It first passed the Senate in a tight 21-17 vote. House leaders made a no-amendment rule to avoid a second vote in the more moderate Senate. The bill passed in the House 64-55.
The strategy aimed at ensuring the bill's passage but may have backfired. Crist criticized the process, saying the legislation was "sped through without meaningful input."
He compared it to the way congressional Democrats passed health reform by "jamming something down their throats."
Response from lawmakers was swift and mostly split along party lines.
"Disappointed'' was the word of the day for many Republican supporters. "Gloating'' was the choice for many of the bill's opponents — from both parties.
Former Gov. Jeb Bush, who lobbied hard for the bill, was one of the many disheartened Republicans.
"By taking this action, Governor Crist has jeopardized the ability of Florida to build on the progress of the last decade," said Bush, chairman of the Foundation for Florida's Future, in a statement.
"Obviously, it's a victory," said Sen. Dan Gelber, D-Miami Beach. "But I'm not uncorking champagne because, frankly, it's really a sad statement that we had to fight this hard to stop something so wrong-headed."
The bill would have made Florida a leader in education reform nationwide, with a more sweeping pay-for-performance plan that any state has enacted. But even supporters of merit pay said the measure was doomed because the process lacked collaboration and transparency.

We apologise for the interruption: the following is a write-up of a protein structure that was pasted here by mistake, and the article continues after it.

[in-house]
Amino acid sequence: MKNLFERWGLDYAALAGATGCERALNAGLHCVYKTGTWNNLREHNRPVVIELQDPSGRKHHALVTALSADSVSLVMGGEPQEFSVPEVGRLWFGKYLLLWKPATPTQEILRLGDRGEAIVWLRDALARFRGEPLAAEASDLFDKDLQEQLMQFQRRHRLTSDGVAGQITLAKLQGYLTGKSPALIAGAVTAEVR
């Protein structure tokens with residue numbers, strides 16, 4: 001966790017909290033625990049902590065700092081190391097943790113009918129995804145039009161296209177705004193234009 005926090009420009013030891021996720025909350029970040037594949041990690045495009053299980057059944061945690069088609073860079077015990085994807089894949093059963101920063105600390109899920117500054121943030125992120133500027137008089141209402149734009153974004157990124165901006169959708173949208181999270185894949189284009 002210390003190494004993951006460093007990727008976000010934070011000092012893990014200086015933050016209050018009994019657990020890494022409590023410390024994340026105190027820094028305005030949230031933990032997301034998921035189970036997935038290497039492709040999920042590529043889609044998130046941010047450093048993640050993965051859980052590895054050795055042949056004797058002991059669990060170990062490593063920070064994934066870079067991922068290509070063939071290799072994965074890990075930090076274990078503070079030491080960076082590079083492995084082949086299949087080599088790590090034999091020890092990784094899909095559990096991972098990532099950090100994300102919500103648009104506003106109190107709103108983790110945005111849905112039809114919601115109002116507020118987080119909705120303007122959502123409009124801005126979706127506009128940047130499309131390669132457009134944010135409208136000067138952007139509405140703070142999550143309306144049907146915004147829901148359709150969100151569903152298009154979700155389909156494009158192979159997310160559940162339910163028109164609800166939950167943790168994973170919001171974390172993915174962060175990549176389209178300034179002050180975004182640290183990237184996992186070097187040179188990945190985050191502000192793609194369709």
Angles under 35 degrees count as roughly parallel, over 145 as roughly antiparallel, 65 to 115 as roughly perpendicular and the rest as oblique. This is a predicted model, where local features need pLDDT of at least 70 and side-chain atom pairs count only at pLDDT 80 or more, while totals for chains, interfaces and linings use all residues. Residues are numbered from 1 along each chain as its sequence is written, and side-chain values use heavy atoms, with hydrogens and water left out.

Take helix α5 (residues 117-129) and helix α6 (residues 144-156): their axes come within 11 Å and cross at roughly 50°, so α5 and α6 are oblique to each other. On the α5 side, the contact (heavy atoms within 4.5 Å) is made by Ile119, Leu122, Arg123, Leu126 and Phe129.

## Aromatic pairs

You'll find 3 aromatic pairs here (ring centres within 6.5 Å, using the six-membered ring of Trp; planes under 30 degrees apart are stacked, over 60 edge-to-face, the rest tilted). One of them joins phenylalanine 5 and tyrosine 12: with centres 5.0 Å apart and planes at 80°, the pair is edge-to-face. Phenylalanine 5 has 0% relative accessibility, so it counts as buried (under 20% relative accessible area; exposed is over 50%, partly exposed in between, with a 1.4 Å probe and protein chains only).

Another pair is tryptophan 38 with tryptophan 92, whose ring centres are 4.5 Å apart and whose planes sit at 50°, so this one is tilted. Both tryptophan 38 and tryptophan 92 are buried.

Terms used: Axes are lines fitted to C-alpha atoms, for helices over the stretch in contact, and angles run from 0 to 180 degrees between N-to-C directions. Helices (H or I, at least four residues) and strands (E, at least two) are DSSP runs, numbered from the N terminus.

Crist echoed those concerns. He focused on the fact that it would not allow multiyear contracts and would permanently revoke certification if a teacher needed improvement for two out of five years. Still, Crist said, he agrees with finding a way to measure student gains and build a performance-based pay system.
"We have stepped back from the precipice," said Walter Secada, chairman of the Department of Teaching and Learning at the University of Miami. "Hopefully rational minds will work it through."
Teachers across the Tampa Bay region celebrated the news.
"We just cheered and cried," said Kim Black, president of the Pinellas Teachers Union. "Thankfully, the governor was listening."
In Pasco County, teachers gathered on three street corners holding "thank you" signs and waving to passersby.